a reduction in the number of plants and small trees in the understory. Other areas within the park also
exhibit impacts to vegetation.
Learn More about Deer Research on Fire Island
Deer scavenging through
unsecured garbage bin in a Fire Island
community. Debris can attract rodents and other wildlife.
Deer can be found foraging in
gardens or rummaging through trash in most Fire Island
Coexisting with Wildlife
There are almost 4,500 homes in
the 17 communities within the boundaries of Fire
Island National Seashore. Where there are residences, there
are often garden plants. Deer tend to prefer succulent plants and
often forage around homes in Fire Island
communities. The human environment seems an unlikely place for wild
animals, but gardens and garbage are an abundant food source and raised
houses and boardwalks provide shelter.
Learn more about how People and Deer can Coexist on
Deer Management Plan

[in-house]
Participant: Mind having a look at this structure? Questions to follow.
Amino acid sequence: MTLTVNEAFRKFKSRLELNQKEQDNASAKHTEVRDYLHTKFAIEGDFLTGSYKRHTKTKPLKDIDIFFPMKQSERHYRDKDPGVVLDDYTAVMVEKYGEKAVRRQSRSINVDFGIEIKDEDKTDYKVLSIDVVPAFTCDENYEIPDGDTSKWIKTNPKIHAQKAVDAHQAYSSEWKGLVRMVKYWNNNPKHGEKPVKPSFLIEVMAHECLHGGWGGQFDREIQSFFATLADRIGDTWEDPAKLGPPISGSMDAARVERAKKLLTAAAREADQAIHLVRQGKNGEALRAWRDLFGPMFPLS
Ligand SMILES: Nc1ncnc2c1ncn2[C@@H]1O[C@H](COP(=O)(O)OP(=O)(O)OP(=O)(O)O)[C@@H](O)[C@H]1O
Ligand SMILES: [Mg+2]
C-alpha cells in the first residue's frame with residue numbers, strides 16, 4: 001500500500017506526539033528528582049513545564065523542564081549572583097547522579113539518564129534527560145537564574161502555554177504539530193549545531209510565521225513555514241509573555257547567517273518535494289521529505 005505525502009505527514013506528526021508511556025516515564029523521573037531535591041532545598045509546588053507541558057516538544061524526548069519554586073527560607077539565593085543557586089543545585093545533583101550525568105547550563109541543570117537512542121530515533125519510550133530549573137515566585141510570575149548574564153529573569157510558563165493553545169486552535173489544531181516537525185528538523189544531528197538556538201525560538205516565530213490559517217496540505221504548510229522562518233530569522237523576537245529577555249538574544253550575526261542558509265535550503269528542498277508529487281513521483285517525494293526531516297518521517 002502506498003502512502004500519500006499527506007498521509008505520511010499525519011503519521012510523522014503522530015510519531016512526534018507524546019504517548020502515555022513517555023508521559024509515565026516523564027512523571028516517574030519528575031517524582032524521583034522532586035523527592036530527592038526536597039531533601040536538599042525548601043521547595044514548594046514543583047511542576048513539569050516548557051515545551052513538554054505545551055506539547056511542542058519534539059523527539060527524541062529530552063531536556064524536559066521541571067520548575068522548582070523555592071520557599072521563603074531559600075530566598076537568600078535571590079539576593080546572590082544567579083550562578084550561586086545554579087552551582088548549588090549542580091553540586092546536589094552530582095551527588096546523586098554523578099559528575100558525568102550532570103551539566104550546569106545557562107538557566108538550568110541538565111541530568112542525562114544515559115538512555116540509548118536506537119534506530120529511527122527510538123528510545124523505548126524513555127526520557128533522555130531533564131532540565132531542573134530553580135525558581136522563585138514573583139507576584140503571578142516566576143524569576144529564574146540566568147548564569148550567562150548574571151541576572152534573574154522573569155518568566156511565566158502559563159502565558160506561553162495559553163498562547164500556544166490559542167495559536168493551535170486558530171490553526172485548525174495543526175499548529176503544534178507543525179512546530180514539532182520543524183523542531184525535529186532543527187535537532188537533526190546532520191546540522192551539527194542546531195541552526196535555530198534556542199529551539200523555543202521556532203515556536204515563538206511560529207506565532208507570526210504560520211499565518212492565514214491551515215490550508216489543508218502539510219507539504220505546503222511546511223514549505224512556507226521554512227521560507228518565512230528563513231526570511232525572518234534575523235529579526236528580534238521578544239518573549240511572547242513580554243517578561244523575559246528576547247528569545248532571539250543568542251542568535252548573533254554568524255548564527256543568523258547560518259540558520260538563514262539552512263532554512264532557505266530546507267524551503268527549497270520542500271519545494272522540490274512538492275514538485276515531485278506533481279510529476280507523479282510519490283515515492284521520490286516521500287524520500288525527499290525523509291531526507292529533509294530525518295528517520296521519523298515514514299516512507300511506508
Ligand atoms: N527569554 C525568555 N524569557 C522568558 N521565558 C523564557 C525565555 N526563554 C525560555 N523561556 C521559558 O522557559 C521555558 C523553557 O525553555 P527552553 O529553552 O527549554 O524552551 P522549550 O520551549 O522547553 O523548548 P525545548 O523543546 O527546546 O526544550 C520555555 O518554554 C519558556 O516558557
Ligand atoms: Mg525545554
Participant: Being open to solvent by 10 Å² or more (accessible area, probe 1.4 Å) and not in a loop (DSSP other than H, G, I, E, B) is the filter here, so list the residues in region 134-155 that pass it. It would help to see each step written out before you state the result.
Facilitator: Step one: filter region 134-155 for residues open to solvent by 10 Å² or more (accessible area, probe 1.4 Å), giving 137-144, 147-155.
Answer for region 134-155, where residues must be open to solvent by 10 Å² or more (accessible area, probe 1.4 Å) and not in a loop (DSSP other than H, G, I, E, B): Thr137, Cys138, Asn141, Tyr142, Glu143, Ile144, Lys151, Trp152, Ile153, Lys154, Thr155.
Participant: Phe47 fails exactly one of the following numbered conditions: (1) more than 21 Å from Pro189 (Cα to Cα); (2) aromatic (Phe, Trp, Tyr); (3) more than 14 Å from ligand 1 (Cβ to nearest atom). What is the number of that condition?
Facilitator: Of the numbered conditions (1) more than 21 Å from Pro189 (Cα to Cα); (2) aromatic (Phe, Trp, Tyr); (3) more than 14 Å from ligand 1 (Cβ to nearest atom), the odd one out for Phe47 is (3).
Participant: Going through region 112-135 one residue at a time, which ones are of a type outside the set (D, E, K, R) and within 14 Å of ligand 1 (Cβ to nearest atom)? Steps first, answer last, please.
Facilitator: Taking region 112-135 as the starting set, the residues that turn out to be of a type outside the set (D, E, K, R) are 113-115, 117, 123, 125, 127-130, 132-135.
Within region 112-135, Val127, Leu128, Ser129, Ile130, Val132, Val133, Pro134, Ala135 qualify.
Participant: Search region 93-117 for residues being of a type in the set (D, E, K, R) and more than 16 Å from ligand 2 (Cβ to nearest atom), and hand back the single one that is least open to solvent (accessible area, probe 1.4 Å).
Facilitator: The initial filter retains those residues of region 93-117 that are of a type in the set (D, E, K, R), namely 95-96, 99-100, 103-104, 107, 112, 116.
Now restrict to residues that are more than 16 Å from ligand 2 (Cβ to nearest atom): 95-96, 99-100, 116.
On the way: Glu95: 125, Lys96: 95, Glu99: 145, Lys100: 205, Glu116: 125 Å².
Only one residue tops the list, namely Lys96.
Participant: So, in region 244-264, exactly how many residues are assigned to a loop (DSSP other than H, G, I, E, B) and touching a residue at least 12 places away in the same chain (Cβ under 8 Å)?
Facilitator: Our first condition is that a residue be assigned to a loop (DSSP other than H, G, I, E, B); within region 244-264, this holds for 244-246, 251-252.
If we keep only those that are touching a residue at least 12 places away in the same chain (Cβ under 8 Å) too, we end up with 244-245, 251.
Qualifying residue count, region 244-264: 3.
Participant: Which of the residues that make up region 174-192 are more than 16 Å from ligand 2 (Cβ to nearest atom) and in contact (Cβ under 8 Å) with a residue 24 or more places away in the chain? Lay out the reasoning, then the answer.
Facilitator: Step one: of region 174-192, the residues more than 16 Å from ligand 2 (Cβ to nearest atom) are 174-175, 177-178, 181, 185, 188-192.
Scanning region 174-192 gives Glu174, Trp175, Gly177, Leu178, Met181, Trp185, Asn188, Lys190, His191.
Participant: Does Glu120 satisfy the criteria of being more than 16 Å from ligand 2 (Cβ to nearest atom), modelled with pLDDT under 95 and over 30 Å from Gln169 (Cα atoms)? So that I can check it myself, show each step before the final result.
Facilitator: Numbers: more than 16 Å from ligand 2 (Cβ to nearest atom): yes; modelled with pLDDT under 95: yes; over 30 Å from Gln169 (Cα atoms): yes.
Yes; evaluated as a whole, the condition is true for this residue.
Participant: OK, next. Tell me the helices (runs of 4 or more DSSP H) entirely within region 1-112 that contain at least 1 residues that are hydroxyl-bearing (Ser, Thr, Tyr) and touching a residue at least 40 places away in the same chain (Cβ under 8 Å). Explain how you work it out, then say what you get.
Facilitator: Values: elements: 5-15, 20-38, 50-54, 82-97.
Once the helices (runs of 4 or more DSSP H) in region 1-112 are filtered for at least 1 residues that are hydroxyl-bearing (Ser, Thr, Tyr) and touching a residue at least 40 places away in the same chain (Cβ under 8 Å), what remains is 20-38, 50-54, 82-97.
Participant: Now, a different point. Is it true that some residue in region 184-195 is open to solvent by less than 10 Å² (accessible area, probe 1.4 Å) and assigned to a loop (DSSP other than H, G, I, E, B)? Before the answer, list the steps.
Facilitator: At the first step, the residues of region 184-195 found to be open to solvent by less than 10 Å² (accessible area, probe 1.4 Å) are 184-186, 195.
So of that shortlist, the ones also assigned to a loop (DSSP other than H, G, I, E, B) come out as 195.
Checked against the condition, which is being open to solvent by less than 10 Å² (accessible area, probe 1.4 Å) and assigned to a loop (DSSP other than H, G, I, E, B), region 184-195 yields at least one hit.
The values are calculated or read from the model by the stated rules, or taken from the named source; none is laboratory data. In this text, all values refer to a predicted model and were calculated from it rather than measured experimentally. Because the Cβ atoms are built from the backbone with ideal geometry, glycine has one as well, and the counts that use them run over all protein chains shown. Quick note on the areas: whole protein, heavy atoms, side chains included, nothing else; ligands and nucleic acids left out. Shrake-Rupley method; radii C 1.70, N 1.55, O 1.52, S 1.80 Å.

Island scientists have conducted research and a variety
of other studies related to deer for many years. However, the park
does not have a deer management plan. In 2011, the National Park Service
has begun the process of preparing a White-tailed Deer and Vegetation Management Plan and
Environmental Impact Statement (EIS)for Fire
Island National Seashore. Your participation is vital to this
Please visit the National Park Service Planning, Environment and Public
Comment (PEPC) website for further information.
Feeding deer is not only
unhealthy for the deer and potentially unsafe for you, it is also illegal
to feed wildlife in a National Park Service area.
Please help keep our Fire Island wildlife
wild—Don't Feed Deer.
White-tailed deer are beautiful
creatures and it is exciting to view them at close distances. On Fire Island, white-tailed deer are accustomed to
humans and tend not to flee. For this reason, people can get very close to
white-tailed deer and, oftentimes, try to touch or hand feed them. It is
understandable that a close encounter with a wild animal in a natural
setting is exciting. However, it is best to maintain a safe distance from
white-tailed deer in order to promote a natural environment for the animals
themselves and to protect yourself from harm.